Monthly Archives: February 2006

Work – The theory side

Community Wireless Networks and Open-Source Software Development as forms of Civic Engagement?

Thank you to
Steph and Mike for their assistance in producing this. My apologies for not updating this post sooner

Technology development as civic engagement?
Faced with Putnam’s (2000) chilling evocation of a society where mediated relationships have us bowling alone, philosophers of technology and community informatics researchers have explored the potential for online communities and virtual engagement to fill the gap (see Feenberg and Barney, 2004). Yet the ability of ICTs to promote participation in one’s community may come from building, not using them. Community wireless networks use wireless internet technology to create alternative communications infrastructure. In Montreal, the community wireless network Ile Sans Fil (ISF) demonstrates how building this infrastructure also acts as a way to engage groups of people who might otherwise not participate in the civic life of their community. It also provides an opportunity to rethink the parameters of democratic participation.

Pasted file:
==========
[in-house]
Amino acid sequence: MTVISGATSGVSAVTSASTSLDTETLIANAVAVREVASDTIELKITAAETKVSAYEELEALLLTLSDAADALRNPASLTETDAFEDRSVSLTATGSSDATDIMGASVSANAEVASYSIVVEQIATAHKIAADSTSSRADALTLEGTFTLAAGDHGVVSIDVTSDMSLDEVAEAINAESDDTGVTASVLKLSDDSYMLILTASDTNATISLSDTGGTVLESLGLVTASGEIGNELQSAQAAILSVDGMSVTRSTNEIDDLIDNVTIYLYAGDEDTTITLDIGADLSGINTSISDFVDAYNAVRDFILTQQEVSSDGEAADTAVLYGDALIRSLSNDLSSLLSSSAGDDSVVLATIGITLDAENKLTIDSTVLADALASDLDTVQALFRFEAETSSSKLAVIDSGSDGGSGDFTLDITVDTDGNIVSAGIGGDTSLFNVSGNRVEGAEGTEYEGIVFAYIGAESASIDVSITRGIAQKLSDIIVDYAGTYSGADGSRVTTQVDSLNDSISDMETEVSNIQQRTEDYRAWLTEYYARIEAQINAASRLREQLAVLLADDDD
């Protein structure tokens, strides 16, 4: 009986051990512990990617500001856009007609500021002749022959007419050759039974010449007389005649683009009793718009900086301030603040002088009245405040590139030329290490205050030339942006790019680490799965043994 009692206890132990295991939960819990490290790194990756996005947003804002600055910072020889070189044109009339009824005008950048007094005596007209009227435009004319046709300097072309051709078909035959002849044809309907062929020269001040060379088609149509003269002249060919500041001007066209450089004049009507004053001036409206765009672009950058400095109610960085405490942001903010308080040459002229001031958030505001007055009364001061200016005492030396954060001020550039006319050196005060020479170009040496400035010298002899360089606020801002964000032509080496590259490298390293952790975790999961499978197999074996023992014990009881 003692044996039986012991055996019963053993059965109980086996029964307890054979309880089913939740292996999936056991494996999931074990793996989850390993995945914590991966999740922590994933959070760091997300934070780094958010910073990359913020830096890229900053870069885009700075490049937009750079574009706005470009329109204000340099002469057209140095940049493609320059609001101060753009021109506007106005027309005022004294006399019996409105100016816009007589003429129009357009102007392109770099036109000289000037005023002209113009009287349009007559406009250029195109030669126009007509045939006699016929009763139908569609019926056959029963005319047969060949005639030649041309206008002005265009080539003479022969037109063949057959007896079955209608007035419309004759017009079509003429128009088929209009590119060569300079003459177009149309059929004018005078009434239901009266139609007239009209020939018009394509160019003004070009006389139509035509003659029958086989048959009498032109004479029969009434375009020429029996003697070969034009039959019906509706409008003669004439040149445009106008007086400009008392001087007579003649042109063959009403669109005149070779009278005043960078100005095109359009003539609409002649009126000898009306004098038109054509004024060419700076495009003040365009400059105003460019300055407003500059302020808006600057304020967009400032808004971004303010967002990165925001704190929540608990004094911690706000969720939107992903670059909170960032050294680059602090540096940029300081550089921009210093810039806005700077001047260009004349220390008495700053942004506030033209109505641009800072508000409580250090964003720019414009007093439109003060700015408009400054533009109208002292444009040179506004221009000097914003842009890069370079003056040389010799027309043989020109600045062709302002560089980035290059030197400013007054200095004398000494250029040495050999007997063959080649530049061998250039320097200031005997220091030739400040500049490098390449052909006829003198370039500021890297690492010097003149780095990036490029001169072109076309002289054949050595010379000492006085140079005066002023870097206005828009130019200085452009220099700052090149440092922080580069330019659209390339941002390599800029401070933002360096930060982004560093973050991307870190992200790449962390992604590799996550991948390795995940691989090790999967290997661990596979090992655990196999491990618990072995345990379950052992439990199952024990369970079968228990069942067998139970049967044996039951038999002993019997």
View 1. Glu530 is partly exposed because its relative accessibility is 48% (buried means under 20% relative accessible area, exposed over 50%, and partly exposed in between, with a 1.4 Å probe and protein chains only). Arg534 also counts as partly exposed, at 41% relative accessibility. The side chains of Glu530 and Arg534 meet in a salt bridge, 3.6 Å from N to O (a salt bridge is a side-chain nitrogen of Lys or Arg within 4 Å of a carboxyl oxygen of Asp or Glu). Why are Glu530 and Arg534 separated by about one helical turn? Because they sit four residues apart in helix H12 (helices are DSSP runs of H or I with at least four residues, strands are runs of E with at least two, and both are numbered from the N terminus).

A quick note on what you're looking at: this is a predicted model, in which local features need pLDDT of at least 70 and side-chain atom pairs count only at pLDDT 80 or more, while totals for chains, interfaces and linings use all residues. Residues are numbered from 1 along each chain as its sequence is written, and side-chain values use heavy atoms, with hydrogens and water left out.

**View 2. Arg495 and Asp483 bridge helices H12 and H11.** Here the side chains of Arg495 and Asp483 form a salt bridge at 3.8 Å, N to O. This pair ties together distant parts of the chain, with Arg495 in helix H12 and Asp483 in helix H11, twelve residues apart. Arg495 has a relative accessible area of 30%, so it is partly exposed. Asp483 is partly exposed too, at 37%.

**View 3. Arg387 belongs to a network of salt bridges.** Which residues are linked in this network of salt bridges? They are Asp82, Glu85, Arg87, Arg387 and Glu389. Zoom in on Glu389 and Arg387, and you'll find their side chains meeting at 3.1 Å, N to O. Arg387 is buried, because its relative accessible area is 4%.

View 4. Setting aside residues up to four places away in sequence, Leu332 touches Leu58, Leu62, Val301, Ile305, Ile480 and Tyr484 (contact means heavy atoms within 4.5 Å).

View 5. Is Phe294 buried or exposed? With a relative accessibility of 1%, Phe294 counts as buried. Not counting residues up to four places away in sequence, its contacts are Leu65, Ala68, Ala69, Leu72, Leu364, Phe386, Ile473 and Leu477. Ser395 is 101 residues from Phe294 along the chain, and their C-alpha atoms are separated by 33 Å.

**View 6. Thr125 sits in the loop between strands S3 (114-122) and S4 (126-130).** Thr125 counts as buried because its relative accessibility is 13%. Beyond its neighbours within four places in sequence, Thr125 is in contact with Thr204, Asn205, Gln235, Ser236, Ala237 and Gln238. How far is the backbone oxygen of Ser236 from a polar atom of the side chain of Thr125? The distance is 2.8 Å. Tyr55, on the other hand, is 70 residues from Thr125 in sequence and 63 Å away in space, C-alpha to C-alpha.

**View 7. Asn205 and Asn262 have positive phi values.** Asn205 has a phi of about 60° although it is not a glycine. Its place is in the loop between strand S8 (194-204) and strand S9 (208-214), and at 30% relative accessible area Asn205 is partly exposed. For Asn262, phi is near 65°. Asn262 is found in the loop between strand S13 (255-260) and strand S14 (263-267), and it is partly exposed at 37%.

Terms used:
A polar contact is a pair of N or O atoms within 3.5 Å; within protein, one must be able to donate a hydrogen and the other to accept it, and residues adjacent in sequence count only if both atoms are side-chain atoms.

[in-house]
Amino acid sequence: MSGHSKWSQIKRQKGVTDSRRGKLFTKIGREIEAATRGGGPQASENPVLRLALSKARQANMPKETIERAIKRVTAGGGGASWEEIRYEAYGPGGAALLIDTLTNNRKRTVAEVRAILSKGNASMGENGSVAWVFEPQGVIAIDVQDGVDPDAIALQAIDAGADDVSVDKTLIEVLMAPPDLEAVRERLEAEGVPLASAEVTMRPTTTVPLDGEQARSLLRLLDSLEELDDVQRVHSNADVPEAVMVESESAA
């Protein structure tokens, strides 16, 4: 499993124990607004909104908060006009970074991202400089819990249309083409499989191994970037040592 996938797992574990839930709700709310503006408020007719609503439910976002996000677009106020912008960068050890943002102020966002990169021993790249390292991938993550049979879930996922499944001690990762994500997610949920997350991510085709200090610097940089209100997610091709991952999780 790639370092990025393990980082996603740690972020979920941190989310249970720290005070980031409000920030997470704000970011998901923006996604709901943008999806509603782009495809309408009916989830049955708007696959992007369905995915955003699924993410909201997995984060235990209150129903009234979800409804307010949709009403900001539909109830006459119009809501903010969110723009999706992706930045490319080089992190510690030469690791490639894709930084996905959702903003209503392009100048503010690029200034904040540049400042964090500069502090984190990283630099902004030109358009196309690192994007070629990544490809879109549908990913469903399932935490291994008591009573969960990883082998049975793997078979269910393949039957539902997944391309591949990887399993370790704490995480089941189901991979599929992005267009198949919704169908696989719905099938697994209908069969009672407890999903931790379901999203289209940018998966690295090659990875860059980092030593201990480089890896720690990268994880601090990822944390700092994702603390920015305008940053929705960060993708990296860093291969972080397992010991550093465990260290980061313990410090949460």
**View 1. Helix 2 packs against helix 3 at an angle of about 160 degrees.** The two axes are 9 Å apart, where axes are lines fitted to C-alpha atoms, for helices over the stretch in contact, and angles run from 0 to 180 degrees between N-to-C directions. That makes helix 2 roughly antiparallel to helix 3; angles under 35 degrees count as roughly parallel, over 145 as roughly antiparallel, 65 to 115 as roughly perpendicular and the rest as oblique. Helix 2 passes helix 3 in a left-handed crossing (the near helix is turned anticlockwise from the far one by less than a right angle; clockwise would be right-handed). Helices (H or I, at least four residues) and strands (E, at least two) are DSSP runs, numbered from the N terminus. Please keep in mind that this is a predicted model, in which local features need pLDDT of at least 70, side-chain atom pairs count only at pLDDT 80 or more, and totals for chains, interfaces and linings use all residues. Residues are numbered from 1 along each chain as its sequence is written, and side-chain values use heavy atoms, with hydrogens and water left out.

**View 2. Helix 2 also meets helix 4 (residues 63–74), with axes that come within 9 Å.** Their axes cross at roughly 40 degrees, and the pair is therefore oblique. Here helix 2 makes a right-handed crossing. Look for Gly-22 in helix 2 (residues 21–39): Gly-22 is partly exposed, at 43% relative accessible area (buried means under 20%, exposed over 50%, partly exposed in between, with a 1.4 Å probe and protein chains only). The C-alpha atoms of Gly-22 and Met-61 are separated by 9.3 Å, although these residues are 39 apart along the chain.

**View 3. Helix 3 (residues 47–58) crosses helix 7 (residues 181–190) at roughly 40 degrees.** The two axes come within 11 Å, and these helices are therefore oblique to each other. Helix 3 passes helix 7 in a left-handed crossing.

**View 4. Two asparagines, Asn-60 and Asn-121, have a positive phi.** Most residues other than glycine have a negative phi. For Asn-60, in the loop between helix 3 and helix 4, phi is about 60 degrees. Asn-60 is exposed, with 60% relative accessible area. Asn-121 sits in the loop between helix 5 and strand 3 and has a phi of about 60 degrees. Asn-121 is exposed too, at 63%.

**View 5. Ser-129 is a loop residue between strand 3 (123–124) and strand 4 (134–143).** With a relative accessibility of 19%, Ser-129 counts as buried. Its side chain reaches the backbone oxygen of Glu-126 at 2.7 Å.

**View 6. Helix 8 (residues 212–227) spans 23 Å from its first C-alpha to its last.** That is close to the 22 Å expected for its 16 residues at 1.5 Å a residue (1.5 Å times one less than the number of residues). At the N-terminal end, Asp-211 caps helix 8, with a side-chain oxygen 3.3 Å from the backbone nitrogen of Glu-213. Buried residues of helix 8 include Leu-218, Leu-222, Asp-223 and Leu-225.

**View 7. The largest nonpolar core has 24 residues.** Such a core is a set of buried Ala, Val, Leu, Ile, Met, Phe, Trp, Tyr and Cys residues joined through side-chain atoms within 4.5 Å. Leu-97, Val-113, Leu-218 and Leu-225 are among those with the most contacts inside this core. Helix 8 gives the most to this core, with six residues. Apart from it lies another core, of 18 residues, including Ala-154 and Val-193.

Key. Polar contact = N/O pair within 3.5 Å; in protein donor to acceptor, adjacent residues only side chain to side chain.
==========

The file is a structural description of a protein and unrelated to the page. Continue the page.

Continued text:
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Work – the community side

Although it doesn’t always look like it, I have a long professional relationship with Ile Sans Fil. Here are the results of an intervention I conducted with the people who use their hotspots. Thank you to everyone who participated in the research project.

I. Executive Summary

Interviews with Ile Sans Fil users and analyses of their everyday practices reveals that most users are still ISF’s systems are relatively easy to use, but still require interpretation for most users. Users see different advantages to ISF services, but primarily the fact that they are free and available in locations that are convenient. Many reported that they changed their everyday behavior to use wireless, and saw public wireless as a very important service. Surprisingly, many used ISF signals in places other than where they were provided, as long as the location was convenient to them. Even though they didn’t necessarily believe in the power of ISF to create virtual communities in hyper-local spaces, they all felt that they were connected with the ISF project. They wanted to know more about the group and its mandate

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